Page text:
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Minuartia groenlandica (Retz.) Ostenf.

Photo: Minuartia groenlandica

Mountain Sandwort

Habitat: Granitic ledges and gravel. [Rocky summits and outcrops (non-forested, upland); Alpine or subalpine (non-forested, upland)]

Range: Greenland and Labrador to northern New England, New York, along coast of Nova Scotia to eastern Maine.

Aids to Identification: Mountain sandwort is a low-growing perennial with dense tufts of linear opposite leaves at the base. Its slender flowering stems with cymes of 1-30 white, five-petaled flowers rise 5-10 cm above the matted foliage. Minuartia groenlandica differs from M. glabra in that it has larger flowers (petals 6-10 mm long compared to 4-6 mm long) and more densely tufted leafy basal shoots.

Photo: Minuartia groenlandica

Ecological characteristics: Mountain sandwort most often grows on relatively dry wind-swept exposures of acidic rock or gravel. In such habitats, it may be abundant forming extensive mats where the irregularities of the rock substrate afford it a niche. While its occurrence in Greenland and Labrador and at elevations above 1200 m in Maine indicate its tolerance for climatic extremes, it is probably restricted from less severe habitats by competition from other plants.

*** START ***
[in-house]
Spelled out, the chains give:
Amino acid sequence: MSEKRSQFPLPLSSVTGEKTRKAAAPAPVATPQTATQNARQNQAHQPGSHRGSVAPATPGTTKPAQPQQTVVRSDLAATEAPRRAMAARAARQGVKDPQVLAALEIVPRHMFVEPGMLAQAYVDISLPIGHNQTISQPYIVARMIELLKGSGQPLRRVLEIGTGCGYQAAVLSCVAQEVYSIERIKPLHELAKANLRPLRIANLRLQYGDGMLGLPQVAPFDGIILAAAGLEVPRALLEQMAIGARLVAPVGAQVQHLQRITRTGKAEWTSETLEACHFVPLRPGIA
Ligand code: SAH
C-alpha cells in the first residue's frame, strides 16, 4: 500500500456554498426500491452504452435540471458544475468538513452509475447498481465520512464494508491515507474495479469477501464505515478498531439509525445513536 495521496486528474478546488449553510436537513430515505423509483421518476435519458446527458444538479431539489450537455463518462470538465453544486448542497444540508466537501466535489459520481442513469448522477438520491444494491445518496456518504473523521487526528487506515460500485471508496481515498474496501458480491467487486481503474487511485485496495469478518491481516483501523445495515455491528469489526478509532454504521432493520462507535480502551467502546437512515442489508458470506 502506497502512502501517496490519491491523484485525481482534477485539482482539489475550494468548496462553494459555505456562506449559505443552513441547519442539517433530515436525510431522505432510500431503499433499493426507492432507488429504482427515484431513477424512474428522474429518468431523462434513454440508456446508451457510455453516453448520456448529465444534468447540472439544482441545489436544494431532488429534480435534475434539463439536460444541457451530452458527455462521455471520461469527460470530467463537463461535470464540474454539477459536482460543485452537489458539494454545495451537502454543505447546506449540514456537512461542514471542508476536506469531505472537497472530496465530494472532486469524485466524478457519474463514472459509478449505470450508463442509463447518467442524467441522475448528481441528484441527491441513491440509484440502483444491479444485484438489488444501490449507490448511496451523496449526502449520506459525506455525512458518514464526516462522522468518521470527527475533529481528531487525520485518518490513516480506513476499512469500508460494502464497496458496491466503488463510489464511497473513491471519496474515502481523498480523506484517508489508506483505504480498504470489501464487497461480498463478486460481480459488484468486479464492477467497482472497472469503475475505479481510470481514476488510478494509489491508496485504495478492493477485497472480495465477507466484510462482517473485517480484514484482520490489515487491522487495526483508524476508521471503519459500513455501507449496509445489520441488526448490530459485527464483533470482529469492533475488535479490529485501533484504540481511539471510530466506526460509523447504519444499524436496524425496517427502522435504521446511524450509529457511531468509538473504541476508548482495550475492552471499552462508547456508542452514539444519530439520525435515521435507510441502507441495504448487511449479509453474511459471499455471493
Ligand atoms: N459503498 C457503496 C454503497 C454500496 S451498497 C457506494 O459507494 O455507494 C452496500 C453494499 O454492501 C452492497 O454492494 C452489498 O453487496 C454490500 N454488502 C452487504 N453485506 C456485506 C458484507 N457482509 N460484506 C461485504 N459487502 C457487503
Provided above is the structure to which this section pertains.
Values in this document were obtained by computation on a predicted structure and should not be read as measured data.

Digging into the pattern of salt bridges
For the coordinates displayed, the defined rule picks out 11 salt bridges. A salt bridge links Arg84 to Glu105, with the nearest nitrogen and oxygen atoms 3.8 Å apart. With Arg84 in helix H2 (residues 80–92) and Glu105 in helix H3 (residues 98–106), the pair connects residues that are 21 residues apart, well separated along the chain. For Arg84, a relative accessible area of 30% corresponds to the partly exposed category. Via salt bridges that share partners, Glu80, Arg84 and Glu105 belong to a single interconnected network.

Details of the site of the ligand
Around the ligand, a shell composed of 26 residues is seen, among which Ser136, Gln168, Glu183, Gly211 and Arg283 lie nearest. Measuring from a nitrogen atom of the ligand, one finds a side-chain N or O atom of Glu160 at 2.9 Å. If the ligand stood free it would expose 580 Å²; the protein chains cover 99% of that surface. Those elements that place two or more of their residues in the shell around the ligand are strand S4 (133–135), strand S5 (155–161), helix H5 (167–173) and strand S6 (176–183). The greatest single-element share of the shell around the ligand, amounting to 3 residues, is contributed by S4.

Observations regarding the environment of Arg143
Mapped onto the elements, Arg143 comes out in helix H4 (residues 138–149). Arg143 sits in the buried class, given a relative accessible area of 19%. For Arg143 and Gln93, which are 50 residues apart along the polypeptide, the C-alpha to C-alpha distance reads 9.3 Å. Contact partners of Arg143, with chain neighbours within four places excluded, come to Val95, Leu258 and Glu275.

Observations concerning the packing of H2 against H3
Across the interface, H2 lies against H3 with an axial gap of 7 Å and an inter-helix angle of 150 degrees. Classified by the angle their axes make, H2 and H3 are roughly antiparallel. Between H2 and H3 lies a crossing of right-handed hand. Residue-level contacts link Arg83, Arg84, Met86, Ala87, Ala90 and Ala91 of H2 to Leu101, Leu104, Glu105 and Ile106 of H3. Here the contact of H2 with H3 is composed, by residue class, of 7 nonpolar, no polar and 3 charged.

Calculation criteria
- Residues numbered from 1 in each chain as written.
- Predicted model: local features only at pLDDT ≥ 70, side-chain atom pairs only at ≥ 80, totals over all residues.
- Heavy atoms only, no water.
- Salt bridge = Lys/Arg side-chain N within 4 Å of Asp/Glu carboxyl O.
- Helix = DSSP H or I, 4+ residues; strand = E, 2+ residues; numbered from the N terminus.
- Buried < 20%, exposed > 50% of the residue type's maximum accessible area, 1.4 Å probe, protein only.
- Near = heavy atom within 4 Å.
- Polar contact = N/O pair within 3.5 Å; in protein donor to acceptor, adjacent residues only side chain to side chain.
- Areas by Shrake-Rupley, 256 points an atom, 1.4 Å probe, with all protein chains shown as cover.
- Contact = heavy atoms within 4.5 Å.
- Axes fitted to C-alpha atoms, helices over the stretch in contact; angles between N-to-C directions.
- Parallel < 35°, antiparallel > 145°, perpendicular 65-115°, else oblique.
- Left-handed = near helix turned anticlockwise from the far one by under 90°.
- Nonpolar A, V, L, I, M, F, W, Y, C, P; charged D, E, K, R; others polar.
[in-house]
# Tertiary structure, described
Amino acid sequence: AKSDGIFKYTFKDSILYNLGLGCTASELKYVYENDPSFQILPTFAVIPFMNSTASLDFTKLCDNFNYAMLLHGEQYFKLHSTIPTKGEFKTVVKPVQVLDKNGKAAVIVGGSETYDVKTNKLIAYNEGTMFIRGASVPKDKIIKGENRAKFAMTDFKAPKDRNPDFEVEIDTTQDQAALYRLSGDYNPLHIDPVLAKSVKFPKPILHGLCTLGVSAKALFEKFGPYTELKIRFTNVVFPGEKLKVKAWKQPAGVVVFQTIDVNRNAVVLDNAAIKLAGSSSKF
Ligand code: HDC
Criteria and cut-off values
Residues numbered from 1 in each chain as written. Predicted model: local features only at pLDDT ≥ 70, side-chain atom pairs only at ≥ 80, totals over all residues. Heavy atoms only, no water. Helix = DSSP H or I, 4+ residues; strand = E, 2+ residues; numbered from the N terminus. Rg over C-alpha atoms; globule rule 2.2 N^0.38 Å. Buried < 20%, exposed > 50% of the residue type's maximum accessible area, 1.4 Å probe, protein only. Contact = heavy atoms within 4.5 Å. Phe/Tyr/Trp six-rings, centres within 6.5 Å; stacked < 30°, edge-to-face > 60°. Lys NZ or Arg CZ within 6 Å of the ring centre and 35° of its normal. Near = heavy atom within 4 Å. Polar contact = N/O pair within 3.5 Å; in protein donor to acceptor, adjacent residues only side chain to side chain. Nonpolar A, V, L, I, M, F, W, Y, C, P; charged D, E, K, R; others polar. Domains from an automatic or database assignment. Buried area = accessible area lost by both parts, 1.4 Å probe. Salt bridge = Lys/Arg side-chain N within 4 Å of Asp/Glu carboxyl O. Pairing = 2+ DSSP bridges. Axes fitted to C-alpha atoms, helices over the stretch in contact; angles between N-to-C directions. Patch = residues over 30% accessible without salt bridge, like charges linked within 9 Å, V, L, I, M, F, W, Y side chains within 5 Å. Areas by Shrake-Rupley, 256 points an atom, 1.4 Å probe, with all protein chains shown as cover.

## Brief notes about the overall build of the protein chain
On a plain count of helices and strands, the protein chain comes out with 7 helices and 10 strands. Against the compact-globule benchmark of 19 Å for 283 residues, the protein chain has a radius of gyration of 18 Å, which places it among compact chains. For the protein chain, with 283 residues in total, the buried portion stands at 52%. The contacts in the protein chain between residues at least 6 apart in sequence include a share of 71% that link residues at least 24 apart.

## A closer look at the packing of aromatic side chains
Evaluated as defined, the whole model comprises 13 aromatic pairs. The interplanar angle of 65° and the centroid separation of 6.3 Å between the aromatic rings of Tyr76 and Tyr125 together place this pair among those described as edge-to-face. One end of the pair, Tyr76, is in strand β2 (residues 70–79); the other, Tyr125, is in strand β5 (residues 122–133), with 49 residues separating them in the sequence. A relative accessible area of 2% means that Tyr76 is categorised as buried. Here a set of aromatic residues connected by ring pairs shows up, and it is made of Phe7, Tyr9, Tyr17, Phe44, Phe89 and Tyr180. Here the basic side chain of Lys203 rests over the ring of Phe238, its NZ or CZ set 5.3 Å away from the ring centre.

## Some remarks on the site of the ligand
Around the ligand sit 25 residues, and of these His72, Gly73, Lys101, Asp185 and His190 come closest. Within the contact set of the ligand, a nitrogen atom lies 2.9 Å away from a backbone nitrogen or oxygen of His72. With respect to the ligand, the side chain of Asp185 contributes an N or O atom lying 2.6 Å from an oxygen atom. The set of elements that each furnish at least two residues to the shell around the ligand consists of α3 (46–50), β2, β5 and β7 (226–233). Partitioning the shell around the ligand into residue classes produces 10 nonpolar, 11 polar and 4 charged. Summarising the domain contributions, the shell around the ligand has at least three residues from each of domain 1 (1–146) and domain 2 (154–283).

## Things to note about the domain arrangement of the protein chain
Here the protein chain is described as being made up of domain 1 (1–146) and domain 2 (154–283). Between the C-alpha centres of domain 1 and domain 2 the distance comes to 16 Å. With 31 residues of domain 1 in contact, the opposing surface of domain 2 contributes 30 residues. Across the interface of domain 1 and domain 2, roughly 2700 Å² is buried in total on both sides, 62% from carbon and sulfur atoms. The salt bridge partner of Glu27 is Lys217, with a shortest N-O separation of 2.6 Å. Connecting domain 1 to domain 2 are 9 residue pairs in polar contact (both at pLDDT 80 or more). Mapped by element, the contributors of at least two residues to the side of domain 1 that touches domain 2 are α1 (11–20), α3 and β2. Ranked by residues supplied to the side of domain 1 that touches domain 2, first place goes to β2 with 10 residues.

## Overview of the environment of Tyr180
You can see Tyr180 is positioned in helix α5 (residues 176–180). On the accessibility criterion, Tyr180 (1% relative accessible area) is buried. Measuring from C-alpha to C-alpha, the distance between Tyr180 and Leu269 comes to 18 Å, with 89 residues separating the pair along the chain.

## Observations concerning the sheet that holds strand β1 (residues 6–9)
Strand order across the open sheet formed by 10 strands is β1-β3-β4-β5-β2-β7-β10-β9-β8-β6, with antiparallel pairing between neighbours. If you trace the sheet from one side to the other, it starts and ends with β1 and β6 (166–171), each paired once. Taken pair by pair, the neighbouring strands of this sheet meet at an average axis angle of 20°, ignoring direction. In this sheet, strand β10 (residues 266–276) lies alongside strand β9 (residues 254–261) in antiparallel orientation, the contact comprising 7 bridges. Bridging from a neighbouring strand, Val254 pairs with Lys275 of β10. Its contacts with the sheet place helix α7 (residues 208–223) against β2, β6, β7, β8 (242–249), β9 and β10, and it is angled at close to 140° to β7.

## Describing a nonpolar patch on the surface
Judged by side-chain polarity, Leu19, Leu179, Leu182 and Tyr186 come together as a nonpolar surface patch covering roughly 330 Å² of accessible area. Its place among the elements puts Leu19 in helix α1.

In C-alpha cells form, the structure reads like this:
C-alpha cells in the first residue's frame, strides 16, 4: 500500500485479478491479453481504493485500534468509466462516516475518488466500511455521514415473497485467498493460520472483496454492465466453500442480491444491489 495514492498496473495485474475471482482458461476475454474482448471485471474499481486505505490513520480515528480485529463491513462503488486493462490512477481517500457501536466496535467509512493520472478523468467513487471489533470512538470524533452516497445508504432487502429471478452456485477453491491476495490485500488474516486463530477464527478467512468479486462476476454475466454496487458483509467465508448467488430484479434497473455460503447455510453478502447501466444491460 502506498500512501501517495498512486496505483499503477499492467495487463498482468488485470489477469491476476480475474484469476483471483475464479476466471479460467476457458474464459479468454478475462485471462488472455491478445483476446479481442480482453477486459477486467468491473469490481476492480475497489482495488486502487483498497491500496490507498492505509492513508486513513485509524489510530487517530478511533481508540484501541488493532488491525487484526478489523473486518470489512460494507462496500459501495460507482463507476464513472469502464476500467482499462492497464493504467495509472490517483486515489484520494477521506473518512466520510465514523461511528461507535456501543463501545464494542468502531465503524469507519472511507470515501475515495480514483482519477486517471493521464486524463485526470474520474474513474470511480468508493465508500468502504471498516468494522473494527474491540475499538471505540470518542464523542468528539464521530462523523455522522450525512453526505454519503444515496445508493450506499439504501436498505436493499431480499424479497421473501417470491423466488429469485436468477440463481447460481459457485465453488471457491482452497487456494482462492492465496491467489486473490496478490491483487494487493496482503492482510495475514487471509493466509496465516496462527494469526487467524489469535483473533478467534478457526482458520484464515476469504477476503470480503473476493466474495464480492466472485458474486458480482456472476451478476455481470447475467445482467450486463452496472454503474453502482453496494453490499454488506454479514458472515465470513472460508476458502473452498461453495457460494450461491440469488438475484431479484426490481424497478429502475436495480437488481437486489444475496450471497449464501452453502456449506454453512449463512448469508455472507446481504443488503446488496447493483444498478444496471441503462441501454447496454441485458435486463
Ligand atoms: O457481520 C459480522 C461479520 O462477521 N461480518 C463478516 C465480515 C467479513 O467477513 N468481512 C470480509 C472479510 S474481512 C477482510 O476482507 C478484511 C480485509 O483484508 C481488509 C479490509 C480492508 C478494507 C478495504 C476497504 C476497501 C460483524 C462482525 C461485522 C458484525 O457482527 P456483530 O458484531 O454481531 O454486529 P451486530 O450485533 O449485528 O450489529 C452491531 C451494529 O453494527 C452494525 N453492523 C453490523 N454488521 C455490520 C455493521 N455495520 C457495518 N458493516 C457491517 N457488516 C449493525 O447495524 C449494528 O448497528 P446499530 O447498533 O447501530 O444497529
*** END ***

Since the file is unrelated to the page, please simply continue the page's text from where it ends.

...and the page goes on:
Phenology: A perennial, flowers June - September, fruits July - October.

Family: Caryophyllaceae

Photo: Minuartia groenlandica habitat

Synonyms: Formerly known as Arenaria groenlandica (Retz.) Spreng. Maine populations are represented by the subspecies groenlandica.

Known Distribution in Maine: This rare plant has been documented from a total of 26 town(s) in the following county(ies): Franklin, Hancock, Knox, Lincoln, Oxford, Piscataquis, Sagadahoc, Somerset, Washington.

Dates of documented observations are: 1888, 1898, 1907, 1919, 1938, 1973, 1974, 1976, 1980 (4), 1981 (5), 1982, 1984 (4), 1985, 1986, 1988, 1990, 1991 (2), 1992 (4), 1996 (3), 1997, 2000, 2001 (2), 2002 (3)

Reason(s) for rarity: At southern limit of range, habitat somewhat restricted.

Conservation considerations: Some populations could be threatened by heavy recreational (hiking) use of its mountain-top habitat, but the plant appears to cope well with moderate disturbance.